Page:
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The Gemstone Goshenite

Goshenite

Goshenite is the white to colorless variety of Beryl. Beryl is best known for its gem varieties Emerald and Aquamarine, as well as the lesser known Heliodor and Morganite, but the variety Goshenite less frequently used as a gemstone being that it lacks the color appeal of the other varieties.

Color

? White, Colorless

Hardness

? 7.5 - 8.0

Chemical Formula

? Be3Al2SiO6

Mineral Class

? Beryl

Additional Properties

Crystal System
? Hexagonal
Refractive Index
? 1.57 - 1.58
Double Refraction
? .006
Transparency
? Transparent
SG
? 2.6 - 2.8
Luster
? Vitreous
Cleavage ? 3,1 - basal

All About

All Goshenite gems are faceted from colorless crystals; white Goshenite is usually opaque and never used a gemstone. The name Goshenite originates from the type locality of Goshen, Hampshire Co., Massachusetts, where Goshenite was first described, but this locality has produced few specimens of interest. Since Goshenite is much more common than the other Beryl gem forms, only very clean and transparent specimens are faceted as gemstones. Goshenite is sometimes coated with a green foil and made to resemble Emerald, as its physical properties are identical to Emerald.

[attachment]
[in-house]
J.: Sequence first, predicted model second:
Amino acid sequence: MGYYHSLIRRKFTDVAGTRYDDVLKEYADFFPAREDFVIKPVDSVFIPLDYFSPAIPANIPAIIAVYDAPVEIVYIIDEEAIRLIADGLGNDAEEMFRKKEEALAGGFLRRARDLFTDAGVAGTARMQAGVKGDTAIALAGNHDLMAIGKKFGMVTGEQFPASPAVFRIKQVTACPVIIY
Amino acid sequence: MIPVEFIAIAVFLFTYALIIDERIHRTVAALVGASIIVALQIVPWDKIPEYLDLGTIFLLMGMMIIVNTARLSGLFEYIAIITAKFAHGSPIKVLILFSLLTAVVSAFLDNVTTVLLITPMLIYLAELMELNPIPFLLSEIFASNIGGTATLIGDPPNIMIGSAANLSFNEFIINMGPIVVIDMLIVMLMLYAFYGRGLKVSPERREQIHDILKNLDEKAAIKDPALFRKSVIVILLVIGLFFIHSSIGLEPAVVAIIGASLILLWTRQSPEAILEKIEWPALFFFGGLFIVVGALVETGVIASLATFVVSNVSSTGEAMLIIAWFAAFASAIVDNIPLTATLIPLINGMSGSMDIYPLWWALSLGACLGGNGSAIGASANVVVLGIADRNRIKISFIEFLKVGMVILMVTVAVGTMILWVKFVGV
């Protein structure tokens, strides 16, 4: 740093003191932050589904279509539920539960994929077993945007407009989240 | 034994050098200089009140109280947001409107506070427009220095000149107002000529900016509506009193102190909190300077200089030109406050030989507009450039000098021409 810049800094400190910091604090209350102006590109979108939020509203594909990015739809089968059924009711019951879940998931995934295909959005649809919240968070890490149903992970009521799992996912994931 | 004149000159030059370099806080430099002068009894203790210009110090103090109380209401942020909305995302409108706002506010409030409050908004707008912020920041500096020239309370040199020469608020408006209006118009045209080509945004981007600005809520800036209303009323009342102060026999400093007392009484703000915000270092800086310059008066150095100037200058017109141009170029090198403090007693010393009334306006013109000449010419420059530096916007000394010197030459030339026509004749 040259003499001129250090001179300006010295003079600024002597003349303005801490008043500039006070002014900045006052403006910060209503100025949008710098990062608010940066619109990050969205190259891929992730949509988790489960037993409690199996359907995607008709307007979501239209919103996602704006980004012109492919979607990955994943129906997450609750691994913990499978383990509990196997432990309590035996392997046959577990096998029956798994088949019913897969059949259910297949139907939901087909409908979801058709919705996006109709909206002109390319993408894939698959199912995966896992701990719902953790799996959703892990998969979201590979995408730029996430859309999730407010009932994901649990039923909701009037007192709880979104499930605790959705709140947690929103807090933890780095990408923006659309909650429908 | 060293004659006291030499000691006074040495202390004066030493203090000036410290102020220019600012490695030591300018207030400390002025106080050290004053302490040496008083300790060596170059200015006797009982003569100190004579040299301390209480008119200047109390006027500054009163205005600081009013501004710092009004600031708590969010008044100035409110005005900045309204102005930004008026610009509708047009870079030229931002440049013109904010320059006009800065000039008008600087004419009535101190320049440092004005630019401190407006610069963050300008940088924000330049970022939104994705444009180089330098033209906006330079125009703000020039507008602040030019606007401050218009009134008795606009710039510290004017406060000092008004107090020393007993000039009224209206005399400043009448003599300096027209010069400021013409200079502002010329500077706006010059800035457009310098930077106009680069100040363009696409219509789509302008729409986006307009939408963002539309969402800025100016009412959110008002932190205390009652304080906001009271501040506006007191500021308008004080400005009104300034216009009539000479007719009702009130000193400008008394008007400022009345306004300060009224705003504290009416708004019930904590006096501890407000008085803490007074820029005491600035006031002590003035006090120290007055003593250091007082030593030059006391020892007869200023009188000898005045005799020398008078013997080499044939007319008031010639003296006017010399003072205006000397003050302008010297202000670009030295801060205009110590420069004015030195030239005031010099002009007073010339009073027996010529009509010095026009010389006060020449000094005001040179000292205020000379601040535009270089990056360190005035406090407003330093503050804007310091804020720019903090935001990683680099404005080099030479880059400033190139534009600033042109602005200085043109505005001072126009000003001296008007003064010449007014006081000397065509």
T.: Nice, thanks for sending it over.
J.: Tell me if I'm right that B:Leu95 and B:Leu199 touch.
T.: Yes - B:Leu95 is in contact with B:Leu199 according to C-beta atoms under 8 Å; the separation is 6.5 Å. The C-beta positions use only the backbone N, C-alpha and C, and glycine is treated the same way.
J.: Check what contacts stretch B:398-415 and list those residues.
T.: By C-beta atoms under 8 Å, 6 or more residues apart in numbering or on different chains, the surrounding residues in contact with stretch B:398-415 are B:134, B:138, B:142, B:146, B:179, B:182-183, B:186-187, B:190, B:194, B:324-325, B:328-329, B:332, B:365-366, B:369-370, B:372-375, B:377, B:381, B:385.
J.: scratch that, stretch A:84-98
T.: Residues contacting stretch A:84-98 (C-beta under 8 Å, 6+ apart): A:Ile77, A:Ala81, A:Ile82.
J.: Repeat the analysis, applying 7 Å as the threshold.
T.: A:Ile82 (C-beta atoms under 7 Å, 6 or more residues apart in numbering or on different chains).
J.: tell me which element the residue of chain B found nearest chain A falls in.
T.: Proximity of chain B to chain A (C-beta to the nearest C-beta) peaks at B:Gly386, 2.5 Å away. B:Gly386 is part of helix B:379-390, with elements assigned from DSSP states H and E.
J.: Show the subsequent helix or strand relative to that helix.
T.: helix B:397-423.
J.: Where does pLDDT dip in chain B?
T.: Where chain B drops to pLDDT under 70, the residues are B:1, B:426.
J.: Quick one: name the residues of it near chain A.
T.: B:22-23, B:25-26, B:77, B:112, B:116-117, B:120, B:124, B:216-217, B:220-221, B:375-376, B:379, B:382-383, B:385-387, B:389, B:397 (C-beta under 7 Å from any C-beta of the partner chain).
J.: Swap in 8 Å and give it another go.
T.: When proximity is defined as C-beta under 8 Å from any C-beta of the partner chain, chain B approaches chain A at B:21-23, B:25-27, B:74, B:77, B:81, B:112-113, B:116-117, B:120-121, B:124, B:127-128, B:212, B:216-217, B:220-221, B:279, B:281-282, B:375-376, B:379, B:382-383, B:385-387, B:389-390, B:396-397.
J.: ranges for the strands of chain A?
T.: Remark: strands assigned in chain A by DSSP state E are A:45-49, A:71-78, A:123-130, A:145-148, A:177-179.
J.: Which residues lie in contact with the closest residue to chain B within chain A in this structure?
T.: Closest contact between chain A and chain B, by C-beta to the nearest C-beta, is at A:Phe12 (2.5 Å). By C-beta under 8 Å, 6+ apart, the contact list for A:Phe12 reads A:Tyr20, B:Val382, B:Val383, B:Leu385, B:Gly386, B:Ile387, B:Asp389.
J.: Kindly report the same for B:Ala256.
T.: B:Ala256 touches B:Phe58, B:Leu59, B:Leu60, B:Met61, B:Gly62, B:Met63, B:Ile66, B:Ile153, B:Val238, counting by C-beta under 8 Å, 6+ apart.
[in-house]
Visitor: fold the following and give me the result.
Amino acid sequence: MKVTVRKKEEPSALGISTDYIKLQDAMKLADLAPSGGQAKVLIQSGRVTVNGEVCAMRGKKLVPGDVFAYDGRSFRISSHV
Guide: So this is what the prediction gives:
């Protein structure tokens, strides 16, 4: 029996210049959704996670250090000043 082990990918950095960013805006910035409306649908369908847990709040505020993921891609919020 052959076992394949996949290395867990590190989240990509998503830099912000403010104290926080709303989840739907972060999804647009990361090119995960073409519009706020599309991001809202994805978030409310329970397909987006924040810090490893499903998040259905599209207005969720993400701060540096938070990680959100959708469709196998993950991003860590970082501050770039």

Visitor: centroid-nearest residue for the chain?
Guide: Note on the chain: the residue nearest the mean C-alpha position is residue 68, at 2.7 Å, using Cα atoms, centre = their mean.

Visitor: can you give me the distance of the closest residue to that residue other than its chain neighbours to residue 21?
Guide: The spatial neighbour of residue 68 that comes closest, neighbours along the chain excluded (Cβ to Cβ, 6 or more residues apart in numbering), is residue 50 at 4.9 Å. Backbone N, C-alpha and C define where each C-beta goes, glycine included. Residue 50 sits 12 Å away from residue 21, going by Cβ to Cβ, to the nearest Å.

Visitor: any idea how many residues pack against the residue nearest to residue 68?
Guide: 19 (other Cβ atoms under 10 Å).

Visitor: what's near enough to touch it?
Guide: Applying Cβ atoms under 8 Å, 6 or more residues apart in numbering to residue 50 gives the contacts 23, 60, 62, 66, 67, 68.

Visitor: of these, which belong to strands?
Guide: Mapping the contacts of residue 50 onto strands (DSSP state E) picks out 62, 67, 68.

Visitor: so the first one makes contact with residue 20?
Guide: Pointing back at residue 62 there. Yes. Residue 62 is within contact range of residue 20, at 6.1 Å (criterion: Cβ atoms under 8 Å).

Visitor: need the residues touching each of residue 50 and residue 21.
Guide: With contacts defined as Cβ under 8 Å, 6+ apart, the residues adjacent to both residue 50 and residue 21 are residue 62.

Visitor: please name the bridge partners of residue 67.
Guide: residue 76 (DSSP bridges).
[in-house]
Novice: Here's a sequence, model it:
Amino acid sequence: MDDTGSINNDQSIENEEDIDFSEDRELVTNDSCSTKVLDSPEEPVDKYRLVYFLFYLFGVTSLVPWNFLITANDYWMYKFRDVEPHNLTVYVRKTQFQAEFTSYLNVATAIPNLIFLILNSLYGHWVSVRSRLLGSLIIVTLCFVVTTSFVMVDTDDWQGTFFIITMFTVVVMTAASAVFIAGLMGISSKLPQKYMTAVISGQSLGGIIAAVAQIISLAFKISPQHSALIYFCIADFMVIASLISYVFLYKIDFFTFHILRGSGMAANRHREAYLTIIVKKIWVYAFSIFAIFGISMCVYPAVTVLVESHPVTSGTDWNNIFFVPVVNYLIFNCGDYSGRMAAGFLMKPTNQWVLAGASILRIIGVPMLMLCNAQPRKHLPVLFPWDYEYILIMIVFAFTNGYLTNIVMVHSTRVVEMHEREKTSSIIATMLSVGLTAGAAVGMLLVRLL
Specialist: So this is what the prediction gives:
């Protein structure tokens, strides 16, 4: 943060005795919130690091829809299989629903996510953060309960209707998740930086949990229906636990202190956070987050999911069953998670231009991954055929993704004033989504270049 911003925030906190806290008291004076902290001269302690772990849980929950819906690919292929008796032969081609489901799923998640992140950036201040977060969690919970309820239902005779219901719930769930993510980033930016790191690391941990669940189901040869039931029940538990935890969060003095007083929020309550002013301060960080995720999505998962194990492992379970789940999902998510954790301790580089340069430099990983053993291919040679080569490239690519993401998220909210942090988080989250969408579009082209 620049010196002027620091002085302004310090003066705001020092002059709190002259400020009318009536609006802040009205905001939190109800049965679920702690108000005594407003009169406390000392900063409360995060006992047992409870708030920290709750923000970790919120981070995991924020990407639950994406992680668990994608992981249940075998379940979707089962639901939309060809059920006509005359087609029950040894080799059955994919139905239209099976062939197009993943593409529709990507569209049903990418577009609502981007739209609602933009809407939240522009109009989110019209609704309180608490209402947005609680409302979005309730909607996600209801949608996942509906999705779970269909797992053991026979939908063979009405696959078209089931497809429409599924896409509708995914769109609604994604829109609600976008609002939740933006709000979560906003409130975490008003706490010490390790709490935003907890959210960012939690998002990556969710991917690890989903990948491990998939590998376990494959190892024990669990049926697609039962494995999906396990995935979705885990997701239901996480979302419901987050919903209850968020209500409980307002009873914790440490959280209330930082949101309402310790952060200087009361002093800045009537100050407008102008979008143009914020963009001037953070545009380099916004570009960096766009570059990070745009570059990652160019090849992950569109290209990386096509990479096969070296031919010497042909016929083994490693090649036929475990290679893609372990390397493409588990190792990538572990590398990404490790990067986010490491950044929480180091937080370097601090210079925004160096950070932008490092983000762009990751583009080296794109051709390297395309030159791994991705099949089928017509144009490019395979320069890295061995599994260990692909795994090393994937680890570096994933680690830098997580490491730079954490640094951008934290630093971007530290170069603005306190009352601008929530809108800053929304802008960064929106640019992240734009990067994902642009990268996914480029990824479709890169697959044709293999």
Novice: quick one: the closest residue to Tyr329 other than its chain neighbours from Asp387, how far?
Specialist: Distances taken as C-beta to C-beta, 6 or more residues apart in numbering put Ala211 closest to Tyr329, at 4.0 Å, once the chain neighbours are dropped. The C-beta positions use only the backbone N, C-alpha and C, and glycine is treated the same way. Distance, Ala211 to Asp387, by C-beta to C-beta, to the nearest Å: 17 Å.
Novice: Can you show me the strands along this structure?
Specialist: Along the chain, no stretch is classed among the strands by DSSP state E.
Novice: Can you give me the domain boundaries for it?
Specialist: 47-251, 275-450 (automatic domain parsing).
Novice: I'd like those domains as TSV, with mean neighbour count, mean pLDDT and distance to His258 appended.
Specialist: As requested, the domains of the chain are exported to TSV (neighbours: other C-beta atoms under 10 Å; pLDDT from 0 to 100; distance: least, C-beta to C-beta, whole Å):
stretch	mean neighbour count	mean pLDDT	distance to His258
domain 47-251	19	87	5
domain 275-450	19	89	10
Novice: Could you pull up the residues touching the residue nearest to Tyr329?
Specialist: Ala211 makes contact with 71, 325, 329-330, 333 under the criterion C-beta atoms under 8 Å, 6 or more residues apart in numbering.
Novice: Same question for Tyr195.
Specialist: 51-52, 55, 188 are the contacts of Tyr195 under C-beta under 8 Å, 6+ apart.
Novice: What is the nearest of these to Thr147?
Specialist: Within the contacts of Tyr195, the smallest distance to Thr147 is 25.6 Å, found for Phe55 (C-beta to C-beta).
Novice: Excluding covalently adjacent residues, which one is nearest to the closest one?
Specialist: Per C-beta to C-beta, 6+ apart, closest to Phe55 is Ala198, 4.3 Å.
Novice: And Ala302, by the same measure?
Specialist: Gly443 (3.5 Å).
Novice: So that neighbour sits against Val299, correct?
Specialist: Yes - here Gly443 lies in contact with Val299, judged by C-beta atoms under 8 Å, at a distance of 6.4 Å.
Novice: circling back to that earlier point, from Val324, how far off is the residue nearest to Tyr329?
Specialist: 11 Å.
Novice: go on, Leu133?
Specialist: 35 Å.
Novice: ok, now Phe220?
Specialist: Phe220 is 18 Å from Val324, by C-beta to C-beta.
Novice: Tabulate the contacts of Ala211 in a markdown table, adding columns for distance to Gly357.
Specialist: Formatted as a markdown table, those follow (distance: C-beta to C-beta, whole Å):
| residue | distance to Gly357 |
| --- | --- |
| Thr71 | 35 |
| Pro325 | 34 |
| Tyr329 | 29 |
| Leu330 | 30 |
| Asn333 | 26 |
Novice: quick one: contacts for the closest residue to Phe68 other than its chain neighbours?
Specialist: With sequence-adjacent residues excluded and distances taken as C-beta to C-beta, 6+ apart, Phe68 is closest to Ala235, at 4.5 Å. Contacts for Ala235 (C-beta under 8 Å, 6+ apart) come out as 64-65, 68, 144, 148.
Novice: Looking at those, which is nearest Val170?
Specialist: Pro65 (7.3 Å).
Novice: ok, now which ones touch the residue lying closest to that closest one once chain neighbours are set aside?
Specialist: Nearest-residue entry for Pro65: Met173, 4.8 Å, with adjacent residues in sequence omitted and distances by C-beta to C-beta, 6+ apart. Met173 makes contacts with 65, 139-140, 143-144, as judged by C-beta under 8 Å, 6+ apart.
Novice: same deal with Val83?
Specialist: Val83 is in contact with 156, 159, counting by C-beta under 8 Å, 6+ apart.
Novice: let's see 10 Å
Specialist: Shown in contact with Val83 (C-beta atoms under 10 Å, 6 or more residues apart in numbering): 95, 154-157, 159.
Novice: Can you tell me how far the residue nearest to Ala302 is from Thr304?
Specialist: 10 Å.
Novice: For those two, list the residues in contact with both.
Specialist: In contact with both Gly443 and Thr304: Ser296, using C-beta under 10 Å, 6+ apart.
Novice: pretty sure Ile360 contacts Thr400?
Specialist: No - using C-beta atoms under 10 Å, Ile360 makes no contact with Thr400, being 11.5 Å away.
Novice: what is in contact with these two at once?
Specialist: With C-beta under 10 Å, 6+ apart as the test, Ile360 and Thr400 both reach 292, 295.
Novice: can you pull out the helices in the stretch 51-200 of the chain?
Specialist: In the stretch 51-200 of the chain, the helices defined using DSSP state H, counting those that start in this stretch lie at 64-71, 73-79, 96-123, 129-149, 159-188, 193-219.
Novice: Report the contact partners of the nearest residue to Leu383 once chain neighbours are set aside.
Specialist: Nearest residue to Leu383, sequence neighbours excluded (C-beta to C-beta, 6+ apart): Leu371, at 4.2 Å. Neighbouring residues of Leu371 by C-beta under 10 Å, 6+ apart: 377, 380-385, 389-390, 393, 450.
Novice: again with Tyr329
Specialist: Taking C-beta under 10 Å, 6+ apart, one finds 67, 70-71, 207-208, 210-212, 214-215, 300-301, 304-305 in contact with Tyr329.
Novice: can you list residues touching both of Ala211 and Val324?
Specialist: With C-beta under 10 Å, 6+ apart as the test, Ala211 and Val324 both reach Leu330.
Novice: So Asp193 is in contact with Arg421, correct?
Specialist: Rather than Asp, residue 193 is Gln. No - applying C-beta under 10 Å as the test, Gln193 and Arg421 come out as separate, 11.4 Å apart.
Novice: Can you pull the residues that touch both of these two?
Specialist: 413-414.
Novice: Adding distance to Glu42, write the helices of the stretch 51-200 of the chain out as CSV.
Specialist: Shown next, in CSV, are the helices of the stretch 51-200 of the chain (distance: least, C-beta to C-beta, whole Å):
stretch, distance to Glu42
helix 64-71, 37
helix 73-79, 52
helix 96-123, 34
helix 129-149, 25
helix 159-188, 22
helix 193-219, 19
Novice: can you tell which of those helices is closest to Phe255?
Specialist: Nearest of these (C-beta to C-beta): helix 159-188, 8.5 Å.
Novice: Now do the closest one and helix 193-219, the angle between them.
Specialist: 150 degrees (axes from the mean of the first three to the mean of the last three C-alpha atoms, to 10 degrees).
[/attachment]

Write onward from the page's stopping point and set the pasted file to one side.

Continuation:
Uses

? Goshenite is used as a minor colorless gemstone, though it is more often faceted for collectors rather than for mainstream jewelry.

Treatments & Enhancements

? Due to its relative availability and inexpensive prices, Goshenite gemstones are never treated or enhanced.

Goshenite Sources

? Goshenite is found in many of the Aquamarine localities, especially in Brazil, Russia, Pakistan, China, Burma (Myanmar), and Namibia.

Similar Gemstones

? Goshenite is similar to the other colorless gems such as Quartz, White Topaz, White Sapphire, and White Zircon. It can also resemble Diamond, but lacks the fire and dispersion and is also much softer.

Goshenite Photos

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Goshenite in the Rough Photos

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